Beltran was not a surprise, obviously, since he’s won it before and he remains one of the better centerfielders in the NL (take that, Mike Cameron). Wright, though, is a jaw-dropping shock.

Yes, this is a Mets website and I’m a fanatic and I should be excited about David winning the Gold Glove but it seems a bit premature — and undeserving. While there is absolutely no doubt that D-Wright works his proverbial butt off in making himself a better player, and his dedication to improving his defense is almost legendary, I didn’t see him as a Gold Glover in 2007. I definitely saw flashes of him becoming a brilliant defender, and believed that one day he would win the coveted defensive award. Just not this year. Maybe my anti-bias is based on seeing him play every day, and that’s often the only way to see the chinks in a player’s armor.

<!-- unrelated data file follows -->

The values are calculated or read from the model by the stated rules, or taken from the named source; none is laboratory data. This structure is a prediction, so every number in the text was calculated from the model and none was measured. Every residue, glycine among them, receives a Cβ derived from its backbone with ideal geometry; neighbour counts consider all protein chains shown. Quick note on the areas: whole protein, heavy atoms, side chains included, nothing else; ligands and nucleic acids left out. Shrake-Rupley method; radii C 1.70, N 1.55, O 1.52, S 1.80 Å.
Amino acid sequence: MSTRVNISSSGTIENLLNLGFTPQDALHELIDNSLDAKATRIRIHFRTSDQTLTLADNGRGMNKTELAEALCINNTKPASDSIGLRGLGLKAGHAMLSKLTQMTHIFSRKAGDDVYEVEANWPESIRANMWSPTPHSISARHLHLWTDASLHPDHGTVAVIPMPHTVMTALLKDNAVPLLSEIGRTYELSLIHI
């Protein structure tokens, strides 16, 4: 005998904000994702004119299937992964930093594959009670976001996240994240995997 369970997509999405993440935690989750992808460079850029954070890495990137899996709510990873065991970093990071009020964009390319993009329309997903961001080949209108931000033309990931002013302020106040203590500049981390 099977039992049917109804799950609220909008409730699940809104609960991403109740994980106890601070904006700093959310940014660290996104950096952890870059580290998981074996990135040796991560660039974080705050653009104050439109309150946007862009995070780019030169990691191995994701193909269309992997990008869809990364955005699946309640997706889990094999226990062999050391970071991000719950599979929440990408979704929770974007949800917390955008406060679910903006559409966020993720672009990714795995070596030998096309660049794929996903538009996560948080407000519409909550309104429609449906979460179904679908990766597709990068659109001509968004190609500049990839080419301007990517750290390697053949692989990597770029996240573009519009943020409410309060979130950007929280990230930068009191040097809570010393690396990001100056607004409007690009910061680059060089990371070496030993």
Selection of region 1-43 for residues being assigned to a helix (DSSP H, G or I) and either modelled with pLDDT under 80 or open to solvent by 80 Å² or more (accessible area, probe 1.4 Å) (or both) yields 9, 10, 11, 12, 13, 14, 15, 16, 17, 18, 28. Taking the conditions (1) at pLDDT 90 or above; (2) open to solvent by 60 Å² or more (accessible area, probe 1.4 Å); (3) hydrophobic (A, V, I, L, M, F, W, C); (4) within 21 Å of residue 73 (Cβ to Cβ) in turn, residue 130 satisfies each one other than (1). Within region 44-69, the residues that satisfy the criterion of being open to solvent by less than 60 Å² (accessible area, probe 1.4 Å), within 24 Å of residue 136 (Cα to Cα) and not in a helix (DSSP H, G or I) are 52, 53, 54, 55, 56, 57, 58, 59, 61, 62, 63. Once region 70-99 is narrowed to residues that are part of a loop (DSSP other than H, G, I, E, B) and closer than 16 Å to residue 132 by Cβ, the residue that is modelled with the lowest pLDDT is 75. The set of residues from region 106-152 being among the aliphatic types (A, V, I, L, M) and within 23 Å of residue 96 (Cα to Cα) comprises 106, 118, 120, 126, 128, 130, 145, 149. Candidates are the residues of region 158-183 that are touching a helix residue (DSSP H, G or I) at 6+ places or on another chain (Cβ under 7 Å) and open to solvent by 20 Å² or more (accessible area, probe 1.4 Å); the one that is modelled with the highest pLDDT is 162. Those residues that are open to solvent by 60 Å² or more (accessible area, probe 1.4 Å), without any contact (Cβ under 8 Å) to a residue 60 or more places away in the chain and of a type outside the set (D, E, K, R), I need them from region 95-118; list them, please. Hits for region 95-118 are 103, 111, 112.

So who was more deserving? From what I had seen, Ryan Zimmerman looked pretty darn good — though that’s based on what I saw of him last year in addition to this year. With Scott Rolen injured for much of the season, 2007 was the year for “someone else” to get the gold, and I always thought it would be Aramis Ramirez’s “turn” when that happened; Ramirez has been a steady, nearly excellent if unspectacular fielder for a long time while playing in Rolen’s shadow. And don’t laugh, but I sincerely believe Pedro Feliz is better defensively than nearly everyone, other than possibly Zimmerman. But that’s based on my own two eyes and seeing him in limited games over the past few years — perhaps my eyes have deceived me. But I suppose Feliz is not a big enough name for Rawlings to honor.